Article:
Booth Tarkington is most famously remembered as the author of the Pulitzer Prize winning novels The Magnificent Ambersons and Alice Adams, but he also wrote a popular trilogy of books about a mischievous boy named Penrod, a character similar to Tom Sawyer and Dennis the Menace. So what does that have to do with a romance movie starring Doris Day? Not much, which is a conundrum considering that On Moonlight Bay is supposed to be based on the Penrod books. Sure, Day’s character has a naughty little brother who serves as occasional comic relief, but in typical Hollywood fashion, the principal story has been changed so much that even his name has been altered to the more conventional Wesley.
Instead of the misadventures of an early 20th century boy, the film focuses on Day’s transformation from a baseball-playing tomboy named Marjorie into a fawning feminine love interest for a dreamy college boy named William (Gordon MacRae) destined for the front lines of World War I. It’s not really a musical, but it does slip in a few songs performed by the leads, most notably the title track. It’s kind of a romantic comedy, even though most of the comedy comes from Wesley/Penrod as well as the contentious relationship between Marjorie’s dad and William. In the end, it’s somewhat mystifying how the film got made in the first place, or how it was selected for Warner Archive release. There’s no notable talent in the creative credits, leaving its distinction as one of five pairings of Day and MacRae as the likely deciding factor.
To their credit, Day and MacRae are excellent in their roles and have great chemistry. Day starts to exhibit some of her later comedic flair here that was totally absent just one year prior in Young Man with a Horn, while MacRae is in peak physical condition with charm for miles, much more so than before the vagaries of fame and alcoholism took their toll on him before his biggest starring roles in Oklahoma! and Carousel. While the movie as a whole just goes through the paces, Day and MacRae are mesmerizing and ultimately elevate the project into a pleasant diversion as we root for their characters to find happiness.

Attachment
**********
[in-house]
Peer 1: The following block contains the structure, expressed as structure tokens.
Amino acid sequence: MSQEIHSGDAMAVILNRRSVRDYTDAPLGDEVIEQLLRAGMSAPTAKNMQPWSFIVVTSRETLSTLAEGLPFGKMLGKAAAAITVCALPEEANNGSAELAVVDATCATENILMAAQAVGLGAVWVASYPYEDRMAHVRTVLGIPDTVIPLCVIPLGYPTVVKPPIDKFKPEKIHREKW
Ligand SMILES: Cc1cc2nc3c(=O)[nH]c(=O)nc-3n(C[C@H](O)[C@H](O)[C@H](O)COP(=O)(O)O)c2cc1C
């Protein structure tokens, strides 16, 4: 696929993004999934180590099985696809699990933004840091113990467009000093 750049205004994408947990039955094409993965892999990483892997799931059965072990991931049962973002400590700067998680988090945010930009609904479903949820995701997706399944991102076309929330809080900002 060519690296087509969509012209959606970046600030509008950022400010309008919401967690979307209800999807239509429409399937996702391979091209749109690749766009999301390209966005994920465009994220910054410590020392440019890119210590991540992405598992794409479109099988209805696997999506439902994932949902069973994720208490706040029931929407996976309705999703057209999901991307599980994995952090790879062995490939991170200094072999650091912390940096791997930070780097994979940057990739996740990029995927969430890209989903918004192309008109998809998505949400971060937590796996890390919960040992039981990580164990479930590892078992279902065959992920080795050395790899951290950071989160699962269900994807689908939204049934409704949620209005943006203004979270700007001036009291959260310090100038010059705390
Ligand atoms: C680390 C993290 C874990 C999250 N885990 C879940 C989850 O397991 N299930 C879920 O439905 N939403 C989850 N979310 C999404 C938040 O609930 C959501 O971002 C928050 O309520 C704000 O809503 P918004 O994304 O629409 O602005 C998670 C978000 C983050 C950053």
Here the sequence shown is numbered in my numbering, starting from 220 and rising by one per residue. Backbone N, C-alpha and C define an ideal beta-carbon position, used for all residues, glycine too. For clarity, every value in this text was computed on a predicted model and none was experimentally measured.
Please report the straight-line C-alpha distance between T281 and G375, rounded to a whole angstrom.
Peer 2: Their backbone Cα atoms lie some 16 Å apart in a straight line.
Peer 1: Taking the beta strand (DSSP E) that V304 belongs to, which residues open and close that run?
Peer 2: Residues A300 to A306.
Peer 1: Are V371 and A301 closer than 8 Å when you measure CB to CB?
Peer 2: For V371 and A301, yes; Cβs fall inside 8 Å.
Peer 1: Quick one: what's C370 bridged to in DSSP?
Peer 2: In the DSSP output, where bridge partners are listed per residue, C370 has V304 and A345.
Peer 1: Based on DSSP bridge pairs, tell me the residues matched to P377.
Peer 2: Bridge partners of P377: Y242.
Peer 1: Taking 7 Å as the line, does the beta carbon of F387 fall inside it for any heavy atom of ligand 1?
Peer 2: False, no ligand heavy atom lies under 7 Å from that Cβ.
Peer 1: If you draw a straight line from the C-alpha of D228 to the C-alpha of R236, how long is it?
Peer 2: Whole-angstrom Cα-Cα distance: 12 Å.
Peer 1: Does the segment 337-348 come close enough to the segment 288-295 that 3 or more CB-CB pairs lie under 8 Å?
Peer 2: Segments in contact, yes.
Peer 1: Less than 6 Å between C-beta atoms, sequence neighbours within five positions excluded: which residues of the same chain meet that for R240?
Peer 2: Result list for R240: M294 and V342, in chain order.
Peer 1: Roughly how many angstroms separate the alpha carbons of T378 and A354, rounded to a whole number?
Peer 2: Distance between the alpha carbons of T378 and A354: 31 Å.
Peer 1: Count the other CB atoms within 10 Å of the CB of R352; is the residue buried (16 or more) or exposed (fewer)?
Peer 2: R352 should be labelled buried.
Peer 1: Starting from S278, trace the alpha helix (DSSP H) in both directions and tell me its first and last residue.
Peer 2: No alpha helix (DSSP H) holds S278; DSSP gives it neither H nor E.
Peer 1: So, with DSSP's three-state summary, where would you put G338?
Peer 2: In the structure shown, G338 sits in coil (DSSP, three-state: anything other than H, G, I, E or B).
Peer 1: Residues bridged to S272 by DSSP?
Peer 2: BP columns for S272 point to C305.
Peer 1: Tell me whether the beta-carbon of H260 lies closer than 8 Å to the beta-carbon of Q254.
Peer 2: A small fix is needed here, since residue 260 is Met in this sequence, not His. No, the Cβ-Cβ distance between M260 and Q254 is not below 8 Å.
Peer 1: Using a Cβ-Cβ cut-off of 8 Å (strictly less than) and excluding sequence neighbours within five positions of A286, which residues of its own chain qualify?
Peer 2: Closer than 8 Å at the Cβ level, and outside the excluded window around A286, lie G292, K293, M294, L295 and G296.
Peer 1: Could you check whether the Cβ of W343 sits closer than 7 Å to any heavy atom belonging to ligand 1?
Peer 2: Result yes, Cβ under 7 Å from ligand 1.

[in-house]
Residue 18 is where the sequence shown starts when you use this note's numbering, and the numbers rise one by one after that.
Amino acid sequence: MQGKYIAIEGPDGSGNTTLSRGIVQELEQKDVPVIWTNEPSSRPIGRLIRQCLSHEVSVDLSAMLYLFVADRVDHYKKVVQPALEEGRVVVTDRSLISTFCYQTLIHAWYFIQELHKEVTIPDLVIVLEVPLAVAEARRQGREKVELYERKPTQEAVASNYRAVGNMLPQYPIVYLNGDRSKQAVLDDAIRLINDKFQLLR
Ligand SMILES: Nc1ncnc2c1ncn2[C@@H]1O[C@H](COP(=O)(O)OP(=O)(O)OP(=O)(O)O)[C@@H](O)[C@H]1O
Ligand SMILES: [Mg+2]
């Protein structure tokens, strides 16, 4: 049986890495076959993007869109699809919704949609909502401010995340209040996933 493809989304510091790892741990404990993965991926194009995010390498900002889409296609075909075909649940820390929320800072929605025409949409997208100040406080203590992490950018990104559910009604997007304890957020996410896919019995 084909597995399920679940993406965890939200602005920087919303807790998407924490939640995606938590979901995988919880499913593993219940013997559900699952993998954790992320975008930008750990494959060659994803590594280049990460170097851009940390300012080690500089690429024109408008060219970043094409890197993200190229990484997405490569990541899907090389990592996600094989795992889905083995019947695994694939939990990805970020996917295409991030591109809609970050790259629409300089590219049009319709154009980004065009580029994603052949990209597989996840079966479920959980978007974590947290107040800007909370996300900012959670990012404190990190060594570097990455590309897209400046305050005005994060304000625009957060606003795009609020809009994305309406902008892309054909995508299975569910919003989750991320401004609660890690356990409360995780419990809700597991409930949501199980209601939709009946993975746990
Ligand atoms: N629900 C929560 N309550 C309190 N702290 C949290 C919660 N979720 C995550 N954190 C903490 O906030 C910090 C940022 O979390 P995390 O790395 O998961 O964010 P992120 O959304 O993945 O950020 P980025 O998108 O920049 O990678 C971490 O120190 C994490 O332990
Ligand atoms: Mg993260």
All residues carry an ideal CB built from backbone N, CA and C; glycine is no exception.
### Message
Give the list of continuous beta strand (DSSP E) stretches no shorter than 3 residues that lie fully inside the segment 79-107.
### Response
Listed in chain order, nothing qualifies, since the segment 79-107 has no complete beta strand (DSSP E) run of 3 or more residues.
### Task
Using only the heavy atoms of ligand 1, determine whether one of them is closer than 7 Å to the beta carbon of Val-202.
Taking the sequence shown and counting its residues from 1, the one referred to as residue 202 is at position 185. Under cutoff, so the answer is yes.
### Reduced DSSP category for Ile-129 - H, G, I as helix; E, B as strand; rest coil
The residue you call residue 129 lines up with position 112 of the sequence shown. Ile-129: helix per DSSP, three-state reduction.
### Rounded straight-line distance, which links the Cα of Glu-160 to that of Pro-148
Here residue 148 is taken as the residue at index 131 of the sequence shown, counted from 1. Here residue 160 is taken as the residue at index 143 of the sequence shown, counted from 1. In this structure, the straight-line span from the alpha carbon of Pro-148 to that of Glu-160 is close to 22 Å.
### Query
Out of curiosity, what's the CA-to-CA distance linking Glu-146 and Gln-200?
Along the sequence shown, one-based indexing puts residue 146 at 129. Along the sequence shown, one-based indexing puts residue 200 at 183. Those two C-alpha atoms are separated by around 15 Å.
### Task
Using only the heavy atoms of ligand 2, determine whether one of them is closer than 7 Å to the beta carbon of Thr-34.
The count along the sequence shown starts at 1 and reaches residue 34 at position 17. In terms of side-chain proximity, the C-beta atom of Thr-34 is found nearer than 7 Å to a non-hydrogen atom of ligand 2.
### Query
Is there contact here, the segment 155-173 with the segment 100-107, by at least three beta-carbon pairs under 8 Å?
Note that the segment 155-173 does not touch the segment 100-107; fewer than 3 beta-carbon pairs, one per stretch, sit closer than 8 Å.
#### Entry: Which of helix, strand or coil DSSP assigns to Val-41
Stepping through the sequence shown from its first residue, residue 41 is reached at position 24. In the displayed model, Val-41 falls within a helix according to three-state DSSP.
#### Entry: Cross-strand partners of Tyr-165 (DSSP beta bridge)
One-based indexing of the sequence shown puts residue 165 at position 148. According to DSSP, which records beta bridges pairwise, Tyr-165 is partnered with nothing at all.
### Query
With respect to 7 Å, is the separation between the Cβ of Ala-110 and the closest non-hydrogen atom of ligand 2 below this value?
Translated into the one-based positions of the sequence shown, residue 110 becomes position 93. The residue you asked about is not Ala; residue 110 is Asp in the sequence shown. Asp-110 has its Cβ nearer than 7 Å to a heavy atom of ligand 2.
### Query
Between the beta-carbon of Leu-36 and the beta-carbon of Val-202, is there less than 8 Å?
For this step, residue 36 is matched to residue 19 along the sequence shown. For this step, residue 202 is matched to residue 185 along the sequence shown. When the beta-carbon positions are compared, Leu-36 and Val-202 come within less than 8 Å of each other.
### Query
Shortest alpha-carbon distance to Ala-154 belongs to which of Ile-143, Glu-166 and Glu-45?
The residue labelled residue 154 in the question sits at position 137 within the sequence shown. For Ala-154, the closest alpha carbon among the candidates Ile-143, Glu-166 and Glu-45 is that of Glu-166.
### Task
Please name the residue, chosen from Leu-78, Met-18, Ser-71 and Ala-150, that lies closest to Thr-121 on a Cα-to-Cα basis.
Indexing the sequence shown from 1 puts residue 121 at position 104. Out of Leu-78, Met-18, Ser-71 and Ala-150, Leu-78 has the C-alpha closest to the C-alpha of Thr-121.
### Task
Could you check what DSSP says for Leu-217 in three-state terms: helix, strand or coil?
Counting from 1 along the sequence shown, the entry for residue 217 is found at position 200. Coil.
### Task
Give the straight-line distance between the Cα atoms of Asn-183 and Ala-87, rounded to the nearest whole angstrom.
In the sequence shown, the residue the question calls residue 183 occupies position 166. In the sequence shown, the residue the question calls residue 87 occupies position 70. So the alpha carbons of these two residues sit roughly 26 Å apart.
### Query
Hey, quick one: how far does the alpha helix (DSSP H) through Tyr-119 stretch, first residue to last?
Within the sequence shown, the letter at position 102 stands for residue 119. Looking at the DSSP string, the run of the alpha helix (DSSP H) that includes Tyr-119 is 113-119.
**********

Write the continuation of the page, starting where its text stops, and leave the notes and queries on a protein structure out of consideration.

The Blu-ray features a new 1080p HD master from a 4K scan of the original Technicolor negatives, and it is glorious. No noticeable defects are present, the slightly muted colors hold consistency throughout all scenes, with only some soft focus issues around the image edges carrying over from the original camerawork. The DTS-HD Master Audio 2.0 soundtrack is crisp and clear, a fine match for the pristine picture quality. A couple of bonus shorts from the film’s era are also included for good measure. The first is an amusing live action sing-along attempt where singers perform four songs about the moon (including the title track) before instructing the audience to sing along with the lyrics presented onscreen. The other is a Chuck Jones-directed Merrie Melodies cartoon, A Hound for Trouble, that leans heavily on Italian stereotypes for comedic effect. The shorts are fun additions that help to bring home the original theatrical experience, further enhancing the product value.
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